Oct 26 2012 By Cheryl Mullin
SIX members of staff caught abusing vulnerable residents at a care home by an undercover journalist have been jailed.
Five others were given suspended sentences by a judge at Bristol Crown Court, who condemned the abuse they meted out to disabled patients at the Winterbourne View private hospital, at Hambrook, South Gloucestershire.
The 11 - nine support workers and two nurses - were caught in a BBC Panorama sting by a reporter with a hidden camera posing as a carer.
His shocking footage showed residents being slapped, soaked in water, trapped under chairs, taunted, sworn at and having their hair pulled and eyes poked.
On one shocking occasion three support workers forcibly held down a resident while a nurse forced paracetamol into her mouth.
Whistleblower Terry Bryan, a former nurse at the home, went to the BBC with his concerns after his complaints to owner Castlebeck and care watchdogs were ignored.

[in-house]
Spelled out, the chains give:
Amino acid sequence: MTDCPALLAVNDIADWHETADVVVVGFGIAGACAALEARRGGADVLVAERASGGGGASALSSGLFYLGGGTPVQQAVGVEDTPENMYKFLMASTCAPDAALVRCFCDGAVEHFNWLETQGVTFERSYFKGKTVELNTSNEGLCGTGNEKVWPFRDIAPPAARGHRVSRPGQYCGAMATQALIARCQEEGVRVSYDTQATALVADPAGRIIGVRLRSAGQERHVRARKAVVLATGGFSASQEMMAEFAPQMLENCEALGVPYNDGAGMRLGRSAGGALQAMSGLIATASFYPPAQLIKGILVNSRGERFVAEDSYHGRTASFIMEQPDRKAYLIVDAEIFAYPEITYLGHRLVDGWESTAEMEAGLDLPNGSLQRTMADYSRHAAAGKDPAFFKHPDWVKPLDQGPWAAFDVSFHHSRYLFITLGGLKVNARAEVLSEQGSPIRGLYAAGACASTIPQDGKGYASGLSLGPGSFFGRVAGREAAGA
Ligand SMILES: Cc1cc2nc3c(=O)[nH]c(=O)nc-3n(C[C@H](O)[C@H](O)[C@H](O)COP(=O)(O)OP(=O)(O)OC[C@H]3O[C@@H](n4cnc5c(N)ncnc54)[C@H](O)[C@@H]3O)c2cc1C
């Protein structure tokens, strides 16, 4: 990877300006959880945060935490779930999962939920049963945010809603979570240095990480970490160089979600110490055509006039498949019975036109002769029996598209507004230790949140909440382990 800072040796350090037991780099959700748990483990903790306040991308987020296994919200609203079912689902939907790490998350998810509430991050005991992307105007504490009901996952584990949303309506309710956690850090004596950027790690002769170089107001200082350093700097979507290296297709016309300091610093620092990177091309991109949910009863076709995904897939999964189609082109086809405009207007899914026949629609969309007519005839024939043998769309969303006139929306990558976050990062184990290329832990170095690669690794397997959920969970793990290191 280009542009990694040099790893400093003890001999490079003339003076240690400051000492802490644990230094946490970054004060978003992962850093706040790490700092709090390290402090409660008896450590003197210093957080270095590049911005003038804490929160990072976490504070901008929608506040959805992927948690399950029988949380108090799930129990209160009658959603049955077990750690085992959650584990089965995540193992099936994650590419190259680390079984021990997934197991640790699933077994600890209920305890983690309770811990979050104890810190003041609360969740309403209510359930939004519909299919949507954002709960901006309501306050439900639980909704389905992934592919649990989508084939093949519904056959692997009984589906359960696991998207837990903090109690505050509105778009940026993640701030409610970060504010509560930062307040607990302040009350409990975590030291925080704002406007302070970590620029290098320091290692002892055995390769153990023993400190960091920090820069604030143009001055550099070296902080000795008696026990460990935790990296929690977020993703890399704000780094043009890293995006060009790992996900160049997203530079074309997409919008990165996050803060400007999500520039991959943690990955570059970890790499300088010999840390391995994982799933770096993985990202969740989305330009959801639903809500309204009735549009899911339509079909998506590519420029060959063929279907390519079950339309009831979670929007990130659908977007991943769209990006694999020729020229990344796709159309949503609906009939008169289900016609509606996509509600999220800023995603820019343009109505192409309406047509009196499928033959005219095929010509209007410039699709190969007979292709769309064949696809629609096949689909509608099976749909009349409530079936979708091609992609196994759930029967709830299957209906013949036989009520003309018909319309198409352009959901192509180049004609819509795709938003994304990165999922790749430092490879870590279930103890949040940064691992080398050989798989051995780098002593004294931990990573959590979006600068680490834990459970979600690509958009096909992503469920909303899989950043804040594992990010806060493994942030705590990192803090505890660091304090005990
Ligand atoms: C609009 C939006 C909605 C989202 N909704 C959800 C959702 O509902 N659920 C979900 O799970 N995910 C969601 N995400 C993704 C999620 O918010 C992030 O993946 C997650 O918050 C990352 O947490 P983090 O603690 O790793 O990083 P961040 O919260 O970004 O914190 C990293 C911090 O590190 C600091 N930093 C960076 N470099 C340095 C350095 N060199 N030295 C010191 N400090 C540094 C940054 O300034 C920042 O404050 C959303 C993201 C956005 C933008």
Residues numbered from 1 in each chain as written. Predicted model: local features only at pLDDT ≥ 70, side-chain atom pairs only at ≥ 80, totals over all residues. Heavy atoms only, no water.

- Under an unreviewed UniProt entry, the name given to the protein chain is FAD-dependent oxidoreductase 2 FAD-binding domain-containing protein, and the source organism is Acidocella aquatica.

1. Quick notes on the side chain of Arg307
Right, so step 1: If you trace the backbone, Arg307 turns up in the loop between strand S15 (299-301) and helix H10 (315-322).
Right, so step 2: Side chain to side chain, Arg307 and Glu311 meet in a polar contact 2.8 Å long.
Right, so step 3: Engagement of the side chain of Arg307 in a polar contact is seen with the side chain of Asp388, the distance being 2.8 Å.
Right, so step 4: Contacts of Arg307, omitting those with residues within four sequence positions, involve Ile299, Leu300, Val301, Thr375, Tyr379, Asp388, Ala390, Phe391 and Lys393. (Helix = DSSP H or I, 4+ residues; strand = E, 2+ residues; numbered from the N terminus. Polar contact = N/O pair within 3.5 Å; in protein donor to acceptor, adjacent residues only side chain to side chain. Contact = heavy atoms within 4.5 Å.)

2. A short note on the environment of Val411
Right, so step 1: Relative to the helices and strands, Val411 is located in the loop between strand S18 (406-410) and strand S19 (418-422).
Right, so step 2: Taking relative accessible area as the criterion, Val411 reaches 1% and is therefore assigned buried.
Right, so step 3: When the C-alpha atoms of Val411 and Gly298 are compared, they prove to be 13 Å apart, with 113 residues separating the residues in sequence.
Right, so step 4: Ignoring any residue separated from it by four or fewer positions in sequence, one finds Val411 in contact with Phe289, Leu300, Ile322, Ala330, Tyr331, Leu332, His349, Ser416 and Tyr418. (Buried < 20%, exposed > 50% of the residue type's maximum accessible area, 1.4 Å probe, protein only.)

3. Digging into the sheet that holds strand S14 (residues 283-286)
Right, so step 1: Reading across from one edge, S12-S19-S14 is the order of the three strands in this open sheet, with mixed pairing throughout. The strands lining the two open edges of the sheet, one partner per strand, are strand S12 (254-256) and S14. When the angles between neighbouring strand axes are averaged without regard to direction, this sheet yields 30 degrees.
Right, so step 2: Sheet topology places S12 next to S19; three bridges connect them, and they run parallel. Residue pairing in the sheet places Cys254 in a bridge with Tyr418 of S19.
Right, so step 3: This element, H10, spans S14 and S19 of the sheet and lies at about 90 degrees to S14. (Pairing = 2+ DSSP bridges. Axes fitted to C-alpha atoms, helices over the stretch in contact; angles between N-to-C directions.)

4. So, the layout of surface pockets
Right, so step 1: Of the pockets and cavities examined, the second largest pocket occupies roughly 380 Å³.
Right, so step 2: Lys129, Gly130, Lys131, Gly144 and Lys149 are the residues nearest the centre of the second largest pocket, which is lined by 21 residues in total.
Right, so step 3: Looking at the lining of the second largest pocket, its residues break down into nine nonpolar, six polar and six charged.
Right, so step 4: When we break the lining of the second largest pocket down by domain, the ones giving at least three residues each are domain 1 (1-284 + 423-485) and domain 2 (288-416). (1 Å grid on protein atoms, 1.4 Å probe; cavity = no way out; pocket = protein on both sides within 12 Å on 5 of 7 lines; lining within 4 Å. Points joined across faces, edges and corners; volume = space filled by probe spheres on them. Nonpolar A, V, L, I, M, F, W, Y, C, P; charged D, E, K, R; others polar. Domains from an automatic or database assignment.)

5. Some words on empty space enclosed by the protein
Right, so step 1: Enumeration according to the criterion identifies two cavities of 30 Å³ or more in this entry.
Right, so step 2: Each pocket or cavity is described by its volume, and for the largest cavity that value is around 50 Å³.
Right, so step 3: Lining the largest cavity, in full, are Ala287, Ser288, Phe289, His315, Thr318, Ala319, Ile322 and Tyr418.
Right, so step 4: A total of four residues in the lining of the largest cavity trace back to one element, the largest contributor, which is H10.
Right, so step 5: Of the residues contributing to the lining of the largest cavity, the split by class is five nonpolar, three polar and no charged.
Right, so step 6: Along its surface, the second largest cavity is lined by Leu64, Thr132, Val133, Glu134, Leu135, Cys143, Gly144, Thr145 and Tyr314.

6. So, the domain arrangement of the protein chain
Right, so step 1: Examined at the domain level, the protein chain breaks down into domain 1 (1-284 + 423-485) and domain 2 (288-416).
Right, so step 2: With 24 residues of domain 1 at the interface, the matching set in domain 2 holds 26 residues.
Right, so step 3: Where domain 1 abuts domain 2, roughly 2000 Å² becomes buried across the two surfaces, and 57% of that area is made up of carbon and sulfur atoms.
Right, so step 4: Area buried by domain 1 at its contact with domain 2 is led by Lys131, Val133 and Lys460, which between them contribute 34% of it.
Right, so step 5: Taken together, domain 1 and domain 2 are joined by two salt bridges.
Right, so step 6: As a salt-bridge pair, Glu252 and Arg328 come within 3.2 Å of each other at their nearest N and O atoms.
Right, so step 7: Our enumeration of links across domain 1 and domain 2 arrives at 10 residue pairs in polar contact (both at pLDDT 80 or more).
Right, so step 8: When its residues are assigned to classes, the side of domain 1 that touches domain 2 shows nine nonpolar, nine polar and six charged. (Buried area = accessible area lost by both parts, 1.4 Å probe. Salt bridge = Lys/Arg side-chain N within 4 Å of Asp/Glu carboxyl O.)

Journalist Joseph Carey recorded shocking footage during a five-week investigation in February and March last year and the programme was shown the following June.
A serious case review published in August criticised Darlington-based Castlebeck Ltd, which owned the hospital, for putting profits before humanity.
The 26-bed hospital opened in 2006 and by 2010 had a turnover of £3.7 million. The average weekly fee for a patient was £3,500.
Prosecutor Kerry Barker said care watchdogs failed to act on repeated warnings of “inhumane, cruel and hate-fuelled treatment” of patients.
“The so-called restraint techniques were used to inflict pain, humiliate patients and bully them into compliance with the demands of their carers,” Mr Barker said.
“It is the Crown’s case that generally the offences were motivated by hostility towards the victims based on their disabilities.